Sporadic immunogenic tumours avoid destruction by inducing T-cell tolerance

Nature. 2005 Sep 1;437(7055):141-6. doi: 10.1038/nature03954.


The recognition and elimination of tumours by T cells, a process termed cancer immunosurveillance, is effective against certain virus-associated cancers. Spontaneous tumours often induce a specific immune response and are therefore also immunogenic. However, it is not clear whether they can be controlled by T cells. The immunosurveillance hypothesis postulates that tumours, if they eventually grow, escaped T-cell recognition by losing immunogenicity. Here we show, by generating a mouse model of sporadic cancer based on rare spontaneous activation of a dormant oncogene, that immunogenic tumours do not escape their recognition but induce tolerance. In this model, tumours derive from single cells and express a tumour-specific transplantation rejection antigen. Whereas vaccinated mice remain tumour-free throughout their lifetime, naive mice always develop a progressively growing tumour. We also show that despite specific recognition by T cells, the tumours do not lose their intrinsic immunogenicity and are rejected after transplantation in T-cell-competent recipients. Furthermore, in the primary host tumour-induced tolerance is associated with the expansion of non-functional T cells. Together, our data argue against immunosurveillance of spontaneous cancer.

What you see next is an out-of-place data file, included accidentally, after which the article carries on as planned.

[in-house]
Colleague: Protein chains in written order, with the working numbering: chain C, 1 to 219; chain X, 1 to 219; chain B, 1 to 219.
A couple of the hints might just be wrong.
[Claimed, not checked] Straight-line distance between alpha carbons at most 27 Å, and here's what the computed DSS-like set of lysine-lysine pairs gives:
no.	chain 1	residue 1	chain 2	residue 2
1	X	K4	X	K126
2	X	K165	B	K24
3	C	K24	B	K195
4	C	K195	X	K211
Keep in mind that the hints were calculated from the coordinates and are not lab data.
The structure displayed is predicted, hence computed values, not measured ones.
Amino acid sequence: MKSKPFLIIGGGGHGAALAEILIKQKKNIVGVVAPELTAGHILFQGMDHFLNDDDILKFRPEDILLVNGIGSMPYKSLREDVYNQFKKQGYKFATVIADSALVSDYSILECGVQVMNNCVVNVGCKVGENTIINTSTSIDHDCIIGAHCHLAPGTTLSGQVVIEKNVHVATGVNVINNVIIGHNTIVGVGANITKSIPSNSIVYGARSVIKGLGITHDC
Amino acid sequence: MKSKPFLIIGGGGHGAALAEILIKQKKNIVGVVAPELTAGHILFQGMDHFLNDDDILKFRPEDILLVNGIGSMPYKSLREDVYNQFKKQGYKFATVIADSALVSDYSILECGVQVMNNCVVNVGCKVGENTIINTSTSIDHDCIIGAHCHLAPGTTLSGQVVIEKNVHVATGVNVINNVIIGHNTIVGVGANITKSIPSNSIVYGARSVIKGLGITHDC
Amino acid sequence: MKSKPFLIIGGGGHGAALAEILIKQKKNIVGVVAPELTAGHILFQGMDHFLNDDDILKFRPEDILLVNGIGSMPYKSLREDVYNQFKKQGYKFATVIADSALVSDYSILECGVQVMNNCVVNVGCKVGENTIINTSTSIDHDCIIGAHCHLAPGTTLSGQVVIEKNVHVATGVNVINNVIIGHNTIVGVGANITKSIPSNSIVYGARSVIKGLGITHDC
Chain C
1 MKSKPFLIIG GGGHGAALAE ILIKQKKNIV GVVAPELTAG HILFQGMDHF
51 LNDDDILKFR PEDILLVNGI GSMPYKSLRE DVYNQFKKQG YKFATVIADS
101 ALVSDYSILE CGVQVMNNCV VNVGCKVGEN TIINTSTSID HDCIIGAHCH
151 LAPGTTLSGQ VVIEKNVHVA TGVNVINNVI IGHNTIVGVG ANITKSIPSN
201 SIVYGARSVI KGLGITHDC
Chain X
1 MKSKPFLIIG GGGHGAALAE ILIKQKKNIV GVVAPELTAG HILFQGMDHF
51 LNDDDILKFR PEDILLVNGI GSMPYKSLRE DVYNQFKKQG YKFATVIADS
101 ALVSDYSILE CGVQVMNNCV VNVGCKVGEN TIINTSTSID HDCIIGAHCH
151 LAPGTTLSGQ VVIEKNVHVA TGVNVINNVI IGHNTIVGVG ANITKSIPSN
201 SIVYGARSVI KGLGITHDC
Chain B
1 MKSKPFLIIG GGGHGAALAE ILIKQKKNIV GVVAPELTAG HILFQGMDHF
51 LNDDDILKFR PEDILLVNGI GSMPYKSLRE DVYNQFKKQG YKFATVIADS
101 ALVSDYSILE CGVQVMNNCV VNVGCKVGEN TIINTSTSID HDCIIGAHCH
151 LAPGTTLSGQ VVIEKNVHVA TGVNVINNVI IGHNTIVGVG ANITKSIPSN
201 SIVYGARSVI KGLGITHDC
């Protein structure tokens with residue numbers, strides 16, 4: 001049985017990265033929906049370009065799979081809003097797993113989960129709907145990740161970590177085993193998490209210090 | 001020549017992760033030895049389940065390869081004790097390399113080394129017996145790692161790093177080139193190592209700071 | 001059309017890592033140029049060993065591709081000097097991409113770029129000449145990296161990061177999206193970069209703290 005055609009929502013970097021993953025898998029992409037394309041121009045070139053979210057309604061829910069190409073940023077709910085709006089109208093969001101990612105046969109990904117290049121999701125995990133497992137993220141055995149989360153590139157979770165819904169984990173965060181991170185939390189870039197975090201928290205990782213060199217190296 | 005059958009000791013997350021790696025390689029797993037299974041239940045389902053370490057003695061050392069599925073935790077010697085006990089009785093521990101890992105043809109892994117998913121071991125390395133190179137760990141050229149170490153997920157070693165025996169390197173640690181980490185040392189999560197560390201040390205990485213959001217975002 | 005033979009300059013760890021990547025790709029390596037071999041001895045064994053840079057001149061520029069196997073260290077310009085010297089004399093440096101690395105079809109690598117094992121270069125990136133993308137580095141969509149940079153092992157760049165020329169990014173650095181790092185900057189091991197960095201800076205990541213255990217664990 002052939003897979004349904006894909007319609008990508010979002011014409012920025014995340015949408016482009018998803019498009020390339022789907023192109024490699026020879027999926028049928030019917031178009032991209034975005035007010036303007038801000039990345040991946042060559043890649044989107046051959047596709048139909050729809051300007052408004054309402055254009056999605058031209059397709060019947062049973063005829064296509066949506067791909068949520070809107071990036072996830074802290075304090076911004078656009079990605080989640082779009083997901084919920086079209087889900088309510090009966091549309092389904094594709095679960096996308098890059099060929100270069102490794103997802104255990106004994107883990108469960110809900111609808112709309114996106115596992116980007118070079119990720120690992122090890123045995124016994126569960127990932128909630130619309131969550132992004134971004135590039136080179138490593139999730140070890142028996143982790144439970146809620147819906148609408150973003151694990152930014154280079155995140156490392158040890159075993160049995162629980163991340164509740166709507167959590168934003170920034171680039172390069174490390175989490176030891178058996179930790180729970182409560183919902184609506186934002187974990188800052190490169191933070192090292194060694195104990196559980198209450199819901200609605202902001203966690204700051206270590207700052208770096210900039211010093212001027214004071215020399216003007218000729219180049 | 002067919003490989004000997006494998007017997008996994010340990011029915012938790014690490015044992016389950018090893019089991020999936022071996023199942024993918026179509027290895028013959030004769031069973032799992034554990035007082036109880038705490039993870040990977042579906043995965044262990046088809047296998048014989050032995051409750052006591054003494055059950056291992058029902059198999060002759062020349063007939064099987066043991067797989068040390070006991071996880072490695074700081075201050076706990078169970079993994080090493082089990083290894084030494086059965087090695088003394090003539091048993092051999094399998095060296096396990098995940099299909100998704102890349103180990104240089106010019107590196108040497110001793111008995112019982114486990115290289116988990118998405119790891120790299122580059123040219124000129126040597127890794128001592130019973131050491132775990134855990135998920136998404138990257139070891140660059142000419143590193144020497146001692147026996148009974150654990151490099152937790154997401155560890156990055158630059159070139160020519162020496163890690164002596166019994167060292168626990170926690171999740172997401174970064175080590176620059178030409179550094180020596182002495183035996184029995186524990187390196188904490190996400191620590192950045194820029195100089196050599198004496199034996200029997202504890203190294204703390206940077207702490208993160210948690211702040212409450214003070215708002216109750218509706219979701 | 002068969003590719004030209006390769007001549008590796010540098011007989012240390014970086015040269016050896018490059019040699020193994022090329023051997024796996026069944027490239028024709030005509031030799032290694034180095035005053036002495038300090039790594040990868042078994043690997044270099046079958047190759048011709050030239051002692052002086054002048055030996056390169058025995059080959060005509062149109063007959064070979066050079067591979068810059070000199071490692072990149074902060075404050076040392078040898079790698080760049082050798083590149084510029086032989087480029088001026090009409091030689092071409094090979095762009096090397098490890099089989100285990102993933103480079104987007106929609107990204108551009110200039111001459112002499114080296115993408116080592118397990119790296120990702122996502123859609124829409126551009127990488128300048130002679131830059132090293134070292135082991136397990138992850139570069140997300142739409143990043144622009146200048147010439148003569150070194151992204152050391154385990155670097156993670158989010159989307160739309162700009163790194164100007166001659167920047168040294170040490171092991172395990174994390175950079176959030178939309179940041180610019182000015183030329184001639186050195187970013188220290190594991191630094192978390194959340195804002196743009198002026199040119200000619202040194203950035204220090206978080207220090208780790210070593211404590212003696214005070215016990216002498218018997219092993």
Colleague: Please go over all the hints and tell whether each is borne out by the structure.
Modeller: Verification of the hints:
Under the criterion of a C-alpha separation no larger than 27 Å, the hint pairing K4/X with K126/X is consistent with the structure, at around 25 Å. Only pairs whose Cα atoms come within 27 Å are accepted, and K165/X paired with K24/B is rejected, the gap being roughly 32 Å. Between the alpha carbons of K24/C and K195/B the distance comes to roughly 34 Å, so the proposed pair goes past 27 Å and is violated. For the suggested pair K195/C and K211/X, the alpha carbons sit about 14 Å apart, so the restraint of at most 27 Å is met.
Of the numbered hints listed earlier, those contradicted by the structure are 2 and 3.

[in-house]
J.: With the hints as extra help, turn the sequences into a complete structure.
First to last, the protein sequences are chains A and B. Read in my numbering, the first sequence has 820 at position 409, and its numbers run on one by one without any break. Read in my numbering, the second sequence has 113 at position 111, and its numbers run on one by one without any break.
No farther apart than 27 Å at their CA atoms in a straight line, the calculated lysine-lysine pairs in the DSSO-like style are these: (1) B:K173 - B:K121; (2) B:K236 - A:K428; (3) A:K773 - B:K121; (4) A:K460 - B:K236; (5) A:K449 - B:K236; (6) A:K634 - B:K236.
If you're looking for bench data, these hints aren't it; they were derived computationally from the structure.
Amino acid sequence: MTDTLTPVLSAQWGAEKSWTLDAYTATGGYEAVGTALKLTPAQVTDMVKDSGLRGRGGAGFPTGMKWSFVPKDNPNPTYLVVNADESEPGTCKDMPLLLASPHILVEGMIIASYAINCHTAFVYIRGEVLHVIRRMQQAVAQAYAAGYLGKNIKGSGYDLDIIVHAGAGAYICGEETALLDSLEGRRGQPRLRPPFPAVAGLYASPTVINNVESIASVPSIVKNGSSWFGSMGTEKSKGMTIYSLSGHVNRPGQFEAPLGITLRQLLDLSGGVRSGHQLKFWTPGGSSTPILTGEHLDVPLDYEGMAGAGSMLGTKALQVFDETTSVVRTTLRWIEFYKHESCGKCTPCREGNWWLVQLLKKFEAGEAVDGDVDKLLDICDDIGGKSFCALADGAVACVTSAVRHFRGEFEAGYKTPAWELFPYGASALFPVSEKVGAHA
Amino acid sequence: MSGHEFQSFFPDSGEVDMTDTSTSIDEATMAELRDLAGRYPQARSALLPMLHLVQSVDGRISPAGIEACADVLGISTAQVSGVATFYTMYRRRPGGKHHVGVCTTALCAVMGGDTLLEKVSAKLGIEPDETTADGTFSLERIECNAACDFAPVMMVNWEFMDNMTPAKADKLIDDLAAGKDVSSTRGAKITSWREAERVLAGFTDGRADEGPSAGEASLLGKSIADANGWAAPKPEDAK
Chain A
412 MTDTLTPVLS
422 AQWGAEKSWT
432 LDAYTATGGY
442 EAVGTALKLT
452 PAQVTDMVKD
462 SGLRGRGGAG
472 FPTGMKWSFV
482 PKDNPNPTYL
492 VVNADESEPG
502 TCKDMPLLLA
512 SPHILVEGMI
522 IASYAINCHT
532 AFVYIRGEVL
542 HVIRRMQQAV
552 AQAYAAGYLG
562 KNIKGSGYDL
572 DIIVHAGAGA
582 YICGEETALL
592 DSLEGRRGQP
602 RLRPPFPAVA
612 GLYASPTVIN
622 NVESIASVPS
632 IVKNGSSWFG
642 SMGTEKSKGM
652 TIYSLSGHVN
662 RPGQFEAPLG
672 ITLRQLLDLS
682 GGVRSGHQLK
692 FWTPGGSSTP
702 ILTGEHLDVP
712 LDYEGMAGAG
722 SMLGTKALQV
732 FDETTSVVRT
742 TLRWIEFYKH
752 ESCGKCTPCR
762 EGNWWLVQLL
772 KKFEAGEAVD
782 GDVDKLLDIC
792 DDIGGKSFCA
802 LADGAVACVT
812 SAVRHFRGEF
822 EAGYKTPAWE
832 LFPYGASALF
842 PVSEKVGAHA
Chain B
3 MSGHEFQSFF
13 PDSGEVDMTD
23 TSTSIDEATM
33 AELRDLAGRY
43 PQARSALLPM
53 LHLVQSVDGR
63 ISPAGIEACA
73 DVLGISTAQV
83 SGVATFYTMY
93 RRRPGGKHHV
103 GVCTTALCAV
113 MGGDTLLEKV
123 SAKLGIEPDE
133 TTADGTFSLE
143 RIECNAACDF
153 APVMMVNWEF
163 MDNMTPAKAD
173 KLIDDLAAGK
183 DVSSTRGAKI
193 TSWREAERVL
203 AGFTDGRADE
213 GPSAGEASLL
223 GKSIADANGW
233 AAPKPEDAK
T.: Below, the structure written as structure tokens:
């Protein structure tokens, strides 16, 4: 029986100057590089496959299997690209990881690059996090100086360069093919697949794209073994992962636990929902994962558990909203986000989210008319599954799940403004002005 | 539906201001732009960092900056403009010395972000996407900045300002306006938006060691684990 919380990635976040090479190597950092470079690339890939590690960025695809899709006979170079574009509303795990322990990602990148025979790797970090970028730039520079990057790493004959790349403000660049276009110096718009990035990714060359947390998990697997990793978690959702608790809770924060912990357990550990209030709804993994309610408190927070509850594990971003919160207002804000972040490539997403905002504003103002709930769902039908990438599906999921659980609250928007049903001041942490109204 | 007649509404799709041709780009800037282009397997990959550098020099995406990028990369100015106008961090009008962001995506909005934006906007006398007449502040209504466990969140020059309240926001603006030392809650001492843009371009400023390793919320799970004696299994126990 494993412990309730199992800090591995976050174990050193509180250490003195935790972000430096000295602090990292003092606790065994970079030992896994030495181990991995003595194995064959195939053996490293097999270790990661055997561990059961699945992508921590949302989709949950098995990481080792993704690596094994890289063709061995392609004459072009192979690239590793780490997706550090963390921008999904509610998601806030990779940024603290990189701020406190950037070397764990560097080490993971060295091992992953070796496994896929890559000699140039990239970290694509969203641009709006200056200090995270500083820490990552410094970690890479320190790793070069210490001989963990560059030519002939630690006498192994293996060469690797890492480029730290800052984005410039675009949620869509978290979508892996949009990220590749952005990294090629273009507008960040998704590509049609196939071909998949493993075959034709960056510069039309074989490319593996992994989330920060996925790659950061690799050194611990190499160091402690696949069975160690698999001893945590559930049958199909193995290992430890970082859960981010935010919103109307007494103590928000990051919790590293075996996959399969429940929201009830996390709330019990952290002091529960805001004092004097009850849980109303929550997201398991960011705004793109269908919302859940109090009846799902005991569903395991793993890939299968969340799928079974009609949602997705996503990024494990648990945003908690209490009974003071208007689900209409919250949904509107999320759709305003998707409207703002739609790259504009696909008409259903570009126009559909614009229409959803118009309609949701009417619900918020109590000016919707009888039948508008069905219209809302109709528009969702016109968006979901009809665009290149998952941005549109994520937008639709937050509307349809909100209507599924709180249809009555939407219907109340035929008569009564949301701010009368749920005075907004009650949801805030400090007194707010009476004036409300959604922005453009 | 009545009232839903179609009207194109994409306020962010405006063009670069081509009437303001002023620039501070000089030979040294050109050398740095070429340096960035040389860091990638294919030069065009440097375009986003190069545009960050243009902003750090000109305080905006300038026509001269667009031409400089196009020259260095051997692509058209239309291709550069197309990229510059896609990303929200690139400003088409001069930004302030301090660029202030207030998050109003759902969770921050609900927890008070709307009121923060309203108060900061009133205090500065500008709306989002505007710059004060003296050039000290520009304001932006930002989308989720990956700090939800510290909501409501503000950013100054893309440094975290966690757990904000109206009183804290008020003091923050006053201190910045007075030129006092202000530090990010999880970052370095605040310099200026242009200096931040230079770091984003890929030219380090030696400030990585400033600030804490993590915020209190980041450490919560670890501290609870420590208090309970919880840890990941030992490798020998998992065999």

Publication types

  • Research Support, Non-U.S. Gov't

MeSH terms

  • Animals
  • Antigens, Polyomavirus Transforming / genetics
  • Antigens, Polyomavirus Transforming / metabolism
  • Attachment Sites, Microbiological / genetics
  • Epigenesis, Genetic / genetics
  • Immune Tolerance / immunology*
  • Integrases / genetics
  • Integrases / metabolism
  • Interferon-gamma / blood
  • Lac Operon / genetics
  • Mice
  • Mice, Transgenic
  • Neoplasms / blood
  • Neoplasms / genetics
  • Neoplasms / immunology*
  • Oncogenes / genetics
  • T-Lymphocytes / immunology*
  • Transforming Growth Factor beta / blood
  • Transforming Growth Factor beta1
  • Viral Proteins / genetics
  • Viral Proteins / metabolism


  • Antigens, Polyomavirus Transforming
  • Tgfb1 protein, mouse
  • Transforming Growth Factor beta
  • Transforming Growth Factor beta1
  • Viral Proteins
  • Interferon-gamma
  • Cre recombinase
  • Integrases